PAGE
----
Hope fades for South Pole adventurers
Two Norwegian adventurers on Monday said they held slim hopes of finding the three other members of their party alive, after their yacht went missing in a fierce Antarctic storm.
Jarle Andhoy and Samuel Massie had been journeying by quad bike across Antarctica on their way to the South Pole when the tempest struck the 14m sailboat, but abandoned the quest on hearing the boat was missing.
Andhoy said his concern now was to contact the families of the three missing men—Norwegians Tom Gisle Bellika (36) and Robert Skaanes (34), and 32-year-old Leonard Banks, a dual South African and British citizen.
“There’s nothing to prove the boat is lost but I am going to be very honest with the family and realistic,” he told reporters after being airlifted to the quake-hit New Zealand city of Christchurch on a US flight.
Massie (18) said he hoped the steel-hulled Berserk was “sailing somewhere in South America without an engine” but acknowledged this was “the darkest time”.
“It’s been really traumatic. I’m here and not my crew,” he said.
“I’ve been living with them now for the last seven months.
When you live with somebody for that length of time in a ship a few metres big you really get to know them.
They get like family, you know. I just lost three family members.”
New Zealand officials hold out little hope of finding any survivors from the Berserk, which has not been heard from since it was hit by a ferocious storm in the Ross Sea off Antarctica on February 22. Sea and air searches have only found the boat’s damaged and ice-encrusted liferaft.
Antarctica New Zealand chief executive Lou Sanson said the storm had been described as the biggest to hit the area in 20 years, packing winds of up to 180km/h.
“Obviously they sustained damage,” he told Radio New Zealand. “I just don’t think there is any hope.”
The Berserk had arrived on its reportedly unauthorised mission in Antarctica on February 11, and had left the two Norwegian explorers near the New Zealand and US bases to begin a quad bike journey to the South Pole.
Sanson said the issue of the safety of the expedition had been raised.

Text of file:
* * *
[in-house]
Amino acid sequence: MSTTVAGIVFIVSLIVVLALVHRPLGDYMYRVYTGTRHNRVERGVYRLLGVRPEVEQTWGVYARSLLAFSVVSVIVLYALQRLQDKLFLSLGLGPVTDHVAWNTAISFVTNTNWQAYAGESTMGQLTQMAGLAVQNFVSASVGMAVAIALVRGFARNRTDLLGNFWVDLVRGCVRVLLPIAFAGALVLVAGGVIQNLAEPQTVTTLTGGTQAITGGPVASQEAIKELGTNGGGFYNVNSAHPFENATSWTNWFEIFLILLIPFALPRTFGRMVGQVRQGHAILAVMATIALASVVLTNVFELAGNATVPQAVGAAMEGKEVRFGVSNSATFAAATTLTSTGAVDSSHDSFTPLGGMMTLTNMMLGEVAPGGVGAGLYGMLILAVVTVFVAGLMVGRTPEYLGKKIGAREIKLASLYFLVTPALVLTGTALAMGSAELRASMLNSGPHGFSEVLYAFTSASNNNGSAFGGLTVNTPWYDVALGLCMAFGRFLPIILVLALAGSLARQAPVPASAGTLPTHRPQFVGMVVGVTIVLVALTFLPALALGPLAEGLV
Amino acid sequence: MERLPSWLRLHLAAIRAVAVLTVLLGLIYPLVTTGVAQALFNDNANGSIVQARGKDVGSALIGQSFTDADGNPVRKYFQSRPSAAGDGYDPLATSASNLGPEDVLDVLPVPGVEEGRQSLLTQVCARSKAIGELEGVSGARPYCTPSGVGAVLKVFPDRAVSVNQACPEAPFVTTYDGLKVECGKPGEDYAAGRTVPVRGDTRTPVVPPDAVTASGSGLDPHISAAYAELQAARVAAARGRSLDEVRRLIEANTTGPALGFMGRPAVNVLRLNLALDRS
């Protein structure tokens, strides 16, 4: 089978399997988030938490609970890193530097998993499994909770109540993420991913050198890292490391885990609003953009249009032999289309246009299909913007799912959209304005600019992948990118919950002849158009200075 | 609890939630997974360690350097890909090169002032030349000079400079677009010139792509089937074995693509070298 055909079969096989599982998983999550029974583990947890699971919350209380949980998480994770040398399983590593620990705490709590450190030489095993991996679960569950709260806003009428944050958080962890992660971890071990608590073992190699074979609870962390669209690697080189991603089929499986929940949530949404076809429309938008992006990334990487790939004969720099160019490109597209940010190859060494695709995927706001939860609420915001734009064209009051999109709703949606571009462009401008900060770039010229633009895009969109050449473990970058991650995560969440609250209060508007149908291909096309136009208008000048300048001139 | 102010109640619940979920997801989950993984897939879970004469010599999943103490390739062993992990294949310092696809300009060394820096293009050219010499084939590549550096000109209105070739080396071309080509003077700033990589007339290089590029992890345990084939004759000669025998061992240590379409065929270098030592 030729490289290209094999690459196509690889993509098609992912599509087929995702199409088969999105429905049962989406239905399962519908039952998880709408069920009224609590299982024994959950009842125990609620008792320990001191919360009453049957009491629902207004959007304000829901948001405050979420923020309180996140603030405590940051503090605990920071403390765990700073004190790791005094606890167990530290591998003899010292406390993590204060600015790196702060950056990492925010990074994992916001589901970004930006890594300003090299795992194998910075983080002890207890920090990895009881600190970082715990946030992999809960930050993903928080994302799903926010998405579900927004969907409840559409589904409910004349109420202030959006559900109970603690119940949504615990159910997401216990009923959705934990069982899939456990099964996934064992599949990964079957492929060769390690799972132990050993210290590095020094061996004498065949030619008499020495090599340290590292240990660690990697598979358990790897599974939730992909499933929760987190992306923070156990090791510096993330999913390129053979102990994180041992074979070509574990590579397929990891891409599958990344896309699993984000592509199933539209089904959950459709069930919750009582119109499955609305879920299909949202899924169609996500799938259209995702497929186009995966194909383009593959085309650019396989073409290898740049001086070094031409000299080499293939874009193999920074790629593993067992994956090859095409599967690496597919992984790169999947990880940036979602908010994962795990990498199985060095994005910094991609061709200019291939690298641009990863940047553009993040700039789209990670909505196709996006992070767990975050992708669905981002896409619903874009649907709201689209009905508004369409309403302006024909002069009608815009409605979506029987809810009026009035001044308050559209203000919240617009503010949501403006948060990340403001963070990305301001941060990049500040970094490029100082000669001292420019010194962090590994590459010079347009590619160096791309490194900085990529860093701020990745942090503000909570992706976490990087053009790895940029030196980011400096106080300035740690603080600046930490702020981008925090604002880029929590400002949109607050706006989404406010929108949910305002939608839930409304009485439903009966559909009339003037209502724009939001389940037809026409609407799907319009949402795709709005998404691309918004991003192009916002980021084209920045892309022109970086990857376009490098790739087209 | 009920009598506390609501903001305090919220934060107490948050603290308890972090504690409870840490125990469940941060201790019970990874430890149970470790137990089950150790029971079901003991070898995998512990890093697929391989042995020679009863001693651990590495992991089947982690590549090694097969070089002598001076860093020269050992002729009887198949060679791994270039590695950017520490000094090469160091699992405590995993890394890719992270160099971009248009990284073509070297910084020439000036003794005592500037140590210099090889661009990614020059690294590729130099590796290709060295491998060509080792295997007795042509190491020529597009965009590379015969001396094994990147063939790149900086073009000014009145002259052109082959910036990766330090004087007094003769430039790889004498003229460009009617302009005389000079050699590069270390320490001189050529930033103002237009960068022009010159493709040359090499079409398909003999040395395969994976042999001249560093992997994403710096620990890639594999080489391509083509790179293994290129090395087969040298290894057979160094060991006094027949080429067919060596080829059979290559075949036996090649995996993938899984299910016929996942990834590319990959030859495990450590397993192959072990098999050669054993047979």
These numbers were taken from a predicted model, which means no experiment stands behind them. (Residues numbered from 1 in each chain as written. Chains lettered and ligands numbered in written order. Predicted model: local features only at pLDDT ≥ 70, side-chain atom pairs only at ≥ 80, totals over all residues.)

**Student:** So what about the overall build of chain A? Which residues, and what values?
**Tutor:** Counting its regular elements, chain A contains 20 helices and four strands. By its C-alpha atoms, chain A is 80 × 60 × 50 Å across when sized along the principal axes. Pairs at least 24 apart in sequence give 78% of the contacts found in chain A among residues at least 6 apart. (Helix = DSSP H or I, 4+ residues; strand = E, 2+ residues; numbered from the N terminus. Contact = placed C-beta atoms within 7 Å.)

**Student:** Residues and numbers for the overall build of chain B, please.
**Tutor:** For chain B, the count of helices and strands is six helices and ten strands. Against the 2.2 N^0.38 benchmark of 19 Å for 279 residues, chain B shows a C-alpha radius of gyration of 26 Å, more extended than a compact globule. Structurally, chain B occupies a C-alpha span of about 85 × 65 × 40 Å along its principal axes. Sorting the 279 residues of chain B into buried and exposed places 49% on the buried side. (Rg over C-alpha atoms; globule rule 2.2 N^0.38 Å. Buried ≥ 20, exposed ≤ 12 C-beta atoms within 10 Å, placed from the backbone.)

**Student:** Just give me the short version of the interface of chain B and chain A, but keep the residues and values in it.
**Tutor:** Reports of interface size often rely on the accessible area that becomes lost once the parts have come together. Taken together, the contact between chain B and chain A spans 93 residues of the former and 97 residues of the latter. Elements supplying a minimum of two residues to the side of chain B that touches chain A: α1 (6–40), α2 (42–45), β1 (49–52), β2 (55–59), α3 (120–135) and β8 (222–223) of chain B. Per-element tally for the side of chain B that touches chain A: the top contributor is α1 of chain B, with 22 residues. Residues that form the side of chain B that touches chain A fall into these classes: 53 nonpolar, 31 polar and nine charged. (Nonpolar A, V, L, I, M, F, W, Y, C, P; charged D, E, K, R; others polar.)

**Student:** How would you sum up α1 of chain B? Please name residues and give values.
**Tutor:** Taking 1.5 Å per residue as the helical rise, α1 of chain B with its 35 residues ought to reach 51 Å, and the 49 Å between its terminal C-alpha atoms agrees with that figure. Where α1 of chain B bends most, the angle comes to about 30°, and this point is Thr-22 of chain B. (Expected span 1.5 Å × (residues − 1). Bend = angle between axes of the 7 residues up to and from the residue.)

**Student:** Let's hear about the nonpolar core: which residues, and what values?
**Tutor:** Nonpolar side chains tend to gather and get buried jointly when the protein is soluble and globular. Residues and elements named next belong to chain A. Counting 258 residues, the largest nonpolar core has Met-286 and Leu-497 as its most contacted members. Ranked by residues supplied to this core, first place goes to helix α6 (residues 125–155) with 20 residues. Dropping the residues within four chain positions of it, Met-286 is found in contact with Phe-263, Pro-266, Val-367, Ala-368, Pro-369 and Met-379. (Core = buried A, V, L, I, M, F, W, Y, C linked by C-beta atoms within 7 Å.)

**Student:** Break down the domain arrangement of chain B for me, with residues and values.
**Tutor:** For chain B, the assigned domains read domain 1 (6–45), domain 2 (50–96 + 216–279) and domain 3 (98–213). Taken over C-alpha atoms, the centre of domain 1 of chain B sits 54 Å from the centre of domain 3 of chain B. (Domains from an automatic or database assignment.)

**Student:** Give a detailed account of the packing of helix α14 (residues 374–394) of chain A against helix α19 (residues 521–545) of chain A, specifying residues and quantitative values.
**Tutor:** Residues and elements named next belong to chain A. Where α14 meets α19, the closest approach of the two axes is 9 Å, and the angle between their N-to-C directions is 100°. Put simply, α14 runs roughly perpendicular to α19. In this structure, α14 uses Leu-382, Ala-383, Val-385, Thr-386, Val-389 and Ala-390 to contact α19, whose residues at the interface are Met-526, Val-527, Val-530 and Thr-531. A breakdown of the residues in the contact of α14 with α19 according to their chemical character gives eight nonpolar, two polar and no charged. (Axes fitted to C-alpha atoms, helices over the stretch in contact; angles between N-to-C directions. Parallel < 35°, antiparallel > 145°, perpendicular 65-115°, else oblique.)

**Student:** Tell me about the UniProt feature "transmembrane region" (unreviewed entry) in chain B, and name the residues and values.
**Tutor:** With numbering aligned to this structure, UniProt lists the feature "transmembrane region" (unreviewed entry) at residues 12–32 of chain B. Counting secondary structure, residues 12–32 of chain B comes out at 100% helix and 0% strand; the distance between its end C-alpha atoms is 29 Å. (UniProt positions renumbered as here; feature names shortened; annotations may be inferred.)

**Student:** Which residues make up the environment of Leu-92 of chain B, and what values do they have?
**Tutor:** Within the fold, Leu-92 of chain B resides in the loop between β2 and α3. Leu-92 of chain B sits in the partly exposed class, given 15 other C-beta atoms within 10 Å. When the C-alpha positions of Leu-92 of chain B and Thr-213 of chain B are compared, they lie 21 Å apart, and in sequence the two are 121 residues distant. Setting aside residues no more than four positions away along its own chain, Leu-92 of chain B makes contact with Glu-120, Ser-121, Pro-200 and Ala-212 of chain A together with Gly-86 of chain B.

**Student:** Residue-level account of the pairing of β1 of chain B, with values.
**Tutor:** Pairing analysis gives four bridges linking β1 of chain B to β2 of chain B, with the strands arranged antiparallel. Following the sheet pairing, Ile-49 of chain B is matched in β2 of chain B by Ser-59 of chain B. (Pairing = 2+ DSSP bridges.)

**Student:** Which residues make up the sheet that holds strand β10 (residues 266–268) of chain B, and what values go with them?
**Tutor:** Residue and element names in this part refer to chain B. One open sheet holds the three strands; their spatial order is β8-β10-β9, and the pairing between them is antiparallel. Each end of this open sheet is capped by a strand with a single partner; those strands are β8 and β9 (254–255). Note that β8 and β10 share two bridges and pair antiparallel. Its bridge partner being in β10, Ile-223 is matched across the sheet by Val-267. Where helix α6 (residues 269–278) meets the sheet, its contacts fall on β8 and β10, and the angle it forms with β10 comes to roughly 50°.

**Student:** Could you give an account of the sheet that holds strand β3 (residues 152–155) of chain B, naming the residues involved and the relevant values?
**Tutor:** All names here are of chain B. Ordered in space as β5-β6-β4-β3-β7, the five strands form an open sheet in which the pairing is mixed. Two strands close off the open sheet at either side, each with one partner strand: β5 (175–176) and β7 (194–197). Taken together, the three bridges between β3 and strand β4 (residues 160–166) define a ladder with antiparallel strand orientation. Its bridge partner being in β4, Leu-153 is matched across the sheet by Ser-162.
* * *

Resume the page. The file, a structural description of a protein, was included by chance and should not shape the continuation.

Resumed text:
“A number of both US [officials] and ourselves had said ... at this time of year we close the bases for a very good reason—because the temperatures are plummeting,” he said.
“It’s minus 20 there today, on the polar plateau it’s minus 34 and [with a] wind chill of up to minus 60. And these guys had a 1 600km quad bike trip to the South Pole at one of the coldest times of the year and when we do get these big storms.”
Andhoy (34) defended the mission, which was to mark the centenary of fellow Norwegian Roald Amundsen becoming the first explorer to reach the South Pole on December 14 1911.
“I think we did everything as good as we could. We prepared 110%,” he said. “The place where this incident happened was a very easy going place to sail, it’s near a sound, near land, safe anchorage ...
“This ending is very, very surprising. There’s no logic to it.”
Andhoy praised the multinational search that New Zealand authorities had led even as they grappled with the impact of the devastating 6,3-magnitude quake that flattened Christchurch last Tuesday.
“This help is really beyond anything we expected because we put ourselves in that situation. We knew the risk of it,” he said.
New Zealand maritime authorities said on Monday the search for the Berserk was continuing but that the anti-whaling ship the Steve Irwin, which had found the life raft, had been released from the operation.—AFP